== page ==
Paulson was squeezed out eventually as Total conducted what’s called a “subsequent acquisition transaction,” but in court the hedge fund has argued that the fair value of the shares was more than $100. The trial began last September and extensive written arguments are being exchanged currently, with another hearing scheduled for February.

Dissenting minority shareholders usually have a tough time in court, given that most other investors sold at a certain price, the lawyer said.

“Generally the courts say, ‘Everyone else thought it was fair value,’ ” he said The big question is whether Royal Dutch can get more than half of the minority Shell Canada shares at $45. Jarislowsky, which owns about 16 per cent of Shell Canada, is among the group that rejects $45 a share.

“This is part of the way this process works, when you’re dealing with a controlling shareholder taking out minorities,” Len Racioppo, president of Jarislowsky, told The Globe and Mail on Tuesday. “They make their bid. They get stock placed in some short-term shareholders’ hands, like the hedge funds, and then they see what they can do.”

For hedge funds that bought the stock at about $40, a price such as $45 may be attractive, given that Shell Canada could fall sharply if Royal Dutch revokes its offer. The stock was trading at about $30 when Royal Dutch made its first bid.

Amid the takeover manoeuvring, Shell Canada outlined bigger plans for the oil sands, looking to eventually mine 770,000 barrels of bitumen a day, more than a previous goal of about 550,000 barrels and close to five times higher than the design of the company’s existing Athabasca mine of 155,000.

Shell Canada also described plans to increase oil sands upgrading capacity near Edmonton to handle 700,000 barrels of bitumen a day.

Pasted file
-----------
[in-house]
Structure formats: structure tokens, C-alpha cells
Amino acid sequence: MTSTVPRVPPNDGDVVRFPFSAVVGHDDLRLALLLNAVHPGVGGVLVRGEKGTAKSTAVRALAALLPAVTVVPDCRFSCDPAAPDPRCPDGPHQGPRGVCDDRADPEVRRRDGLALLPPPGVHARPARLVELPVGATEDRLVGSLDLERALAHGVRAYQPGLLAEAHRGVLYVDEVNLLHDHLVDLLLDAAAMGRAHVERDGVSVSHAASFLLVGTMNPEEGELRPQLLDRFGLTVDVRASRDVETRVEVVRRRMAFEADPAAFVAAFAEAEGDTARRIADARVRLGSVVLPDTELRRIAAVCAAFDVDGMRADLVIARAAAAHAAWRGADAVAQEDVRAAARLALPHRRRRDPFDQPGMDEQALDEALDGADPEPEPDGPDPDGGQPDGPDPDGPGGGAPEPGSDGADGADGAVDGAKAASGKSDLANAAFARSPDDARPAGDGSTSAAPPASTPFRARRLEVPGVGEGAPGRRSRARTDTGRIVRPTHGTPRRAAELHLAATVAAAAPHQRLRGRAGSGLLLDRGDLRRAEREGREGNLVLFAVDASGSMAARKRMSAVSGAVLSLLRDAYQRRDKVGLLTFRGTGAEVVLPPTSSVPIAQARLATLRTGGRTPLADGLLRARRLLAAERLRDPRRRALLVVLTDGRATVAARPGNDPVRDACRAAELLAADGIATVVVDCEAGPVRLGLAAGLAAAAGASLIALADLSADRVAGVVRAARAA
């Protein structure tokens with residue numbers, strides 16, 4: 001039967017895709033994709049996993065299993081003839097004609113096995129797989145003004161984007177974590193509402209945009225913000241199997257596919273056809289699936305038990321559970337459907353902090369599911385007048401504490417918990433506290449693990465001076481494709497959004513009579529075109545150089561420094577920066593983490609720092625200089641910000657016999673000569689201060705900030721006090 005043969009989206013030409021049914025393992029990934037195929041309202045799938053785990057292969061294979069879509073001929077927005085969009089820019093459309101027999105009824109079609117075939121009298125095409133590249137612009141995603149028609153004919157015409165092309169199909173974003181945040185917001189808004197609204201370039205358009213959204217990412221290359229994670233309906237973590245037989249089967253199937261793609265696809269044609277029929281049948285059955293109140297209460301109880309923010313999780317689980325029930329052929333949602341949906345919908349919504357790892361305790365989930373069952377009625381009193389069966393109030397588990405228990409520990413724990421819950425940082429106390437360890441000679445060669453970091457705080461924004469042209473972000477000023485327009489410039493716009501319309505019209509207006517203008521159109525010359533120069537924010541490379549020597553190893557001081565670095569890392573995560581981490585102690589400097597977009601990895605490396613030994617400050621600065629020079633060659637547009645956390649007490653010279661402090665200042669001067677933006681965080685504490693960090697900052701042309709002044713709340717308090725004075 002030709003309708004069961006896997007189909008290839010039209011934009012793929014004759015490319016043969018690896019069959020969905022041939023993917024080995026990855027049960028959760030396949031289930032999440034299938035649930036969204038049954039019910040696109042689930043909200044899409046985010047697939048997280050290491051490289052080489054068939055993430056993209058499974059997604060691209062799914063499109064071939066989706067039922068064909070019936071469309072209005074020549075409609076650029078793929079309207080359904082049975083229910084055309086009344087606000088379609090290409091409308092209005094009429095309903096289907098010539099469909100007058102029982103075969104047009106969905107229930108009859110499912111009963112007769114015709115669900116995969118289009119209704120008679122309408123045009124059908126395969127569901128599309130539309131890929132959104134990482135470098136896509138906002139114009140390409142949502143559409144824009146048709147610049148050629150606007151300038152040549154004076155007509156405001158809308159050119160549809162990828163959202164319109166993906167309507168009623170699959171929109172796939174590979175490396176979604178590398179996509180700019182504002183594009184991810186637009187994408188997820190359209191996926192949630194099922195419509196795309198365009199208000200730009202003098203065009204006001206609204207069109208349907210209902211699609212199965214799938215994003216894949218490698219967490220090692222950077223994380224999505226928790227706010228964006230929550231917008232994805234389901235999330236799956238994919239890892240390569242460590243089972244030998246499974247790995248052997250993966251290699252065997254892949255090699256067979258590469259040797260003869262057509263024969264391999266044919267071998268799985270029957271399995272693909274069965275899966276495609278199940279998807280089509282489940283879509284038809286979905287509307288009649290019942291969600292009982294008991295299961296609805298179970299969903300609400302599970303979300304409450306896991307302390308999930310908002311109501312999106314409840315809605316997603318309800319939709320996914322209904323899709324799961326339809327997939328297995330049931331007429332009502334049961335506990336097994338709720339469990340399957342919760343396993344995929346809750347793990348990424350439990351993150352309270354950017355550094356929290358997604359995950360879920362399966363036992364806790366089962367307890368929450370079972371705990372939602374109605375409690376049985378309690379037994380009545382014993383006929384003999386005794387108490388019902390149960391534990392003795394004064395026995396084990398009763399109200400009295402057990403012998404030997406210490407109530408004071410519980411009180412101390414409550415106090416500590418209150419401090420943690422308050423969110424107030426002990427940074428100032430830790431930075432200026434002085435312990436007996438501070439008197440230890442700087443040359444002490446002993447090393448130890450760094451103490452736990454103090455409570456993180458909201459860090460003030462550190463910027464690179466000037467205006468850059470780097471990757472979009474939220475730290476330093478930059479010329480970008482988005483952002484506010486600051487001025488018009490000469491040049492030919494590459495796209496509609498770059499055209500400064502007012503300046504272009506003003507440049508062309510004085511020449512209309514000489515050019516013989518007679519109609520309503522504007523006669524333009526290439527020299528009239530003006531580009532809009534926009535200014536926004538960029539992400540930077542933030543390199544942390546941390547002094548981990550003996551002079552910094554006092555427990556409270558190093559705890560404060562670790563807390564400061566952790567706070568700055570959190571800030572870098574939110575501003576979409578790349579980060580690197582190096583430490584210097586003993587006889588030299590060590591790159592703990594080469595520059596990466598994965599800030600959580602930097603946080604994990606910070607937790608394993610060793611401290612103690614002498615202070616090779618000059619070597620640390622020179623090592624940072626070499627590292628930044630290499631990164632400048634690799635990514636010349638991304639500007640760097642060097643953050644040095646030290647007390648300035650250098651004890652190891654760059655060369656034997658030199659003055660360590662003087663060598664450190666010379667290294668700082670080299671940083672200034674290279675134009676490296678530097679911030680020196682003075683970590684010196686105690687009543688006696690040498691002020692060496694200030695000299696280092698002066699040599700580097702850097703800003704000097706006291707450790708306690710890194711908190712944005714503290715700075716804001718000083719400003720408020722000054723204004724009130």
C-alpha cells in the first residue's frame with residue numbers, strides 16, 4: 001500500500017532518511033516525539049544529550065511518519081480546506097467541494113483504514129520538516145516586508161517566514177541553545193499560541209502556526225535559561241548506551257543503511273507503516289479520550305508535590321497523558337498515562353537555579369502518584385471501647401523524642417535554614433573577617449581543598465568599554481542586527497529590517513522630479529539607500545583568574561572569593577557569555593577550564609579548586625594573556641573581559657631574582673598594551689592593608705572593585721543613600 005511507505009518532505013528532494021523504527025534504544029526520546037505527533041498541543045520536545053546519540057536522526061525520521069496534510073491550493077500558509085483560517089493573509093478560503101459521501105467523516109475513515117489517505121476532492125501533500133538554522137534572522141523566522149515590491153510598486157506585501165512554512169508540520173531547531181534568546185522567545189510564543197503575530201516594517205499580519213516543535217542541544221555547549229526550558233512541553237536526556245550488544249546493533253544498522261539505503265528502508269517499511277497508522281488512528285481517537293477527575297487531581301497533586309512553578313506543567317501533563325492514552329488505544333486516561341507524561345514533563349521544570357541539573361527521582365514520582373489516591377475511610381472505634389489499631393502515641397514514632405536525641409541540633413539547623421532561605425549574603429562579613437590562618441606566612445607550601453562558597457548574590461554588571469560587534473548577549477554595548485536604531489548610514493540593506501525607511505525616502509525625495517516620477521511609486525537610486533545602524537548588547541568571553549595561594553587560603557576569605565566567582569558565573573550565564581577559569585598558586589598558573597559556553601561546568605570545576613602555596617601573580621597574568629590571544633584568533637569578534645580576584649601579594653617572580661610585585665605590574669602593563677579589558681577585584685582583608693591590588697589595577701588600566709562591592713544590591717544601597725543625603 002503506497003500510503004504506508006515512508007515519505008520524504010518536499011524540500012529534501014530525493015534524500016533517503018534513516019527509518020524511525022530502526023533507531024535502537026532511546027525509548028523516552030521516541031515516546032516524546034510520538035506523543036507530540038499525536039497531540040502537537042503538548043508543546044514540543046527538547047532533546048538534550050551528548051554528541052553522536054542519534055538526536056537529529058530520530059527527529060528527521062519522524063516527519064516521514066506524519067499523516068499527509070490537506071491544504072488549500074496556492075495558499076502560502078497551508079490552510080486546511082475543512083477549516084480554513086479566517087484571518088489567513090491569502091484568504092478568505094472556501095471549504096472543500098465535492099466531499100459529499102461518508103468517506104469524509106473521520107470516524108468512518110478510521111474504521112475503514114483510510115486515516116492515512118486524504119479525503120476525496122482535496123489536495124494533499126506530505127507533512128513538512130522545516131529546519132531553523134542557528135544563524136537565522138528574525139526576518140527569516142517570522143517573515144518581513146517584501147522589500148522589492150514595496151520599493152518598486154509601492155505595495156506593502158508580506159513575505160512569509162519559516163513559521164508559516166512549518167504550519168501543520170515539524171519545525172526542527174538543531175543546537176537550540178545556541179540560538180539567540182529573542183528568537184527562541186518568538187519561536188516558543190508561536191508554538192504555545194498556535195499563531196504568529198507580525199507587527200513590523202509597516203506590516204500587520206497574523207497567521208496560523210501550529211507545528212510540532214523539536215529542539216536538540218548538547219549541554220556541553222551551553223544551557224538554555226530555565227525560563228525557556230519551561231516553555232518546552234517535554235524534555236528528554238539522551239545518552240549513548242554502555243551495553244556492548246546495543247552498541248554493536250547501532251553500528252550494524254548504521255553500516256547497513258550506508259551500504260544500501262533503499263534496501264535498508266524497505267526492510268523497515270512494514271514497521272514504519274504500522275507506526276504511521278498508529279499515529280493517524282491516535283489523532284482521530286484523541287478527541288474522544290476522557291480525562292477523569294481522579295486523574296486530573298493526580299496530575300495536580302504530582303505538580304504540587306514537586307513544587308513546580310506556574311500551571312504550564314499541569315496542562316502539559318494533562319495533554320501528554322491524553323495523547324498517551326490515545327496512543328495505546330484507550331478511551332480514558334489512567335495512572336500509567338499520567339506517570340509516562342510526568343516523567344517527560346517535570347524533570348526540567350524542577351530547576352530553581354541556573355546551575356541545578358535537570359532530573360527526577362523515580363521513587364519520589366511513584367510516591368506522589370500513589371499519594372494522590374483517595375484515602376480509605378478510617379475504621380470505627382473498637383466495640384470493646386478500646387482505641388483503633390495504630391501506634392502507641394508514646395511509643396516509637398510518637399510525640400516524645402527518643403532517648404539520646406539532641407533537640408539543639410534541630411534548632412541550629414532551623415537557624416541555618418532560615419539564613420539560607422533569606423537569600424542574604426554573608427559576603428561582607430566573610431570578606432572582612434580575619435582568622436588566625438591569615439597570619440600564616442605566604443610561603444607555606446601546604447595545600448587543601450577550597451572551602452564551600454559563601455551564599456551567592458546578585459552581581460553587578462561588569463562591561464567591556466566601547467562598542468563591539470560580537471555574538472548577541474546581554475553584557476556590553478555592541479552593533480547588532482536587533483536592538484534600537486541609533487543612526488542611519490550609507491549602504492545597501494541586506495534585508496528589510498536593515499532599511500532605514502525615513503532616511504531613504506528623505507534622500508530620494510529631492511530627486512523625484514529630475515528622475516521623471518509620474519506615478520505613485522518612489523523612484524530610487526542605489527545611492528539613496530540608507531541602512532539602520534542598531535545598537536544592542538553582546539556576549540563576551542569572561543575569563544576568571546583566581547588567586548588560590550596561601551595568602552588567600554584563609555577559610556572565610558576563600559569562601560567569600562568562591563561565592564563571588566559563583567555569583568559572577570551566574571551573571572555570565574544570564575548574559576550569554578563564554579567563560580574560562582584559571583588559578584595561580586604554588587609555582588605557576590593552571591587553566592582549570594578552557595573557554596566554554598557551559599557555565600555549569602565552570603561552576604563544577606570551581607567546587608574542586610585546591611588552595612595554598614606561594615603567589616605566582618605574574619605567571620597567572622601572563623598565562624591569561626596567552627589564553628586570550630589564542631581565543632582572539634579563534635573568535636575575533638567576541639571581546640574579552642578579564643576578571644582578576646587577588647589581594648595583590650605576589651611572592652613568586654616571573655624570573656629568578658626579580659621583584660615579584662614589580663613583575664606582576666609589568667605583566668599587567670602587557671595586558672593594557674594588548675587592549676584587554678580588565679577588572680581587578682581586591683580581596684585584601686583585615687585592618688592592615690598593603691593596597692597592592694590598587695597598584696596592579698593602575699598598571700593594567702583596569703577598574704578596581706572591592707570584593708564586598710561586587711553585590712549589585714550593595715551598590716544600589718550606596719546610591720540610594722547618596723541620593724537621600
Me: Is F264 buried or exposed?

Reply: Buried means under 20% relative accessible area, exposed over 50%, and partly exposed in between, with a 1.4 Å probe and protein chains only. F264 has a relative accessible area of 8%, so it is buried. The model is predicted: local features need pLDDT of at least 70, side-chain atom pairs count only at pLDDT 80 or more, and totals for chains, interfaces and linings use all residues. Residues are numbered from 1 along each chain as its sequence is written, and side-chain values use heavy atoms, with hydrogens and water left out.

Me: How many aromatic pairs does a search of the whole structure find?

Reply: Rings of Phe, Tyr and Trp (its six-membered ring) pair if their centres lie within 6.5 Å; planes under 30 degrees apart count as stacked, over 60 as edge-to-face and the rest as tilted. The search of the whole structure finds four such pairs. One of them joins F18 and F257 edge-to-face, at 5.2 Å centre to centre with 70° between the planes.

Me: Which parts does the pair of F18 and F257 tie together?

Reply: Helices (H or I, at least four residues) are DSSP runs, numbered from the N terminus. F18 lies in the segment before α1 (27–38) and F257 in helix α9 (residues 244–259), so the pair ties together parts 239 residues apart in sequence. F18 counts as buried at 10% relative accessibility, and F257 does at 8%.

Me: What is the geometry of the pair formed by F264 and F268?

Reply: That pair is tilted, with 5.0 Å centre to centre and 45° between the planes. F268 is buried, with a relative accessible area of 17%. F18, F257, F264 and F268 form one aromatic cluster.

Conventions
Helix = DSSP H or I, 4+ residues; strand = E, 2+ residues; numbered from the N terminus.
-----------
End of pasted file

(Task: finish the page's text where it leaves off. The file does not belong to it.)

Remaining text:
Dissident minority shareholders believe Shell Canada is worth $50 or more a share, in part because of what they see as the company’s long list of attractive future projects.

“We’d be quite happy sitting back and reaping the benefits for the next 10 years,” Mr. Grestoni said.

Royal Dutch’s $45-a-share offer was endorsed by Shell Canada’s board of directors after an independent financial analysis was conducted.

Clive Mather, Shell Canada’s chief executive officer, said Wednesday’s expanded oil sands plans were considered in the financial analysis.

“The [oil sands] announcement we made is consistent with the business plans that we have had and have been part of any consideration of value,” Mr. Mather said in an interview to discuss Shell’s fourth-quarter results. Those numbers were also announced Wednesday, with Shell’s 2006 profit coming in at $1.74-billion or $2.11 a share, down from $2-billion or $2.43 in 2005 because of lower natural gas prices and lower output in the oil sands due to planned maintenance.

Shell Canada owns 60 per cent of the Athabasca oil sands project, with Western Oil Sands Inc. and Chevron Corp. holding 20 per cent apiece.

The first 100,000-barrel expansion is under way — 2,400 construction workers are on the job — which could cost as much as $12.8-billion.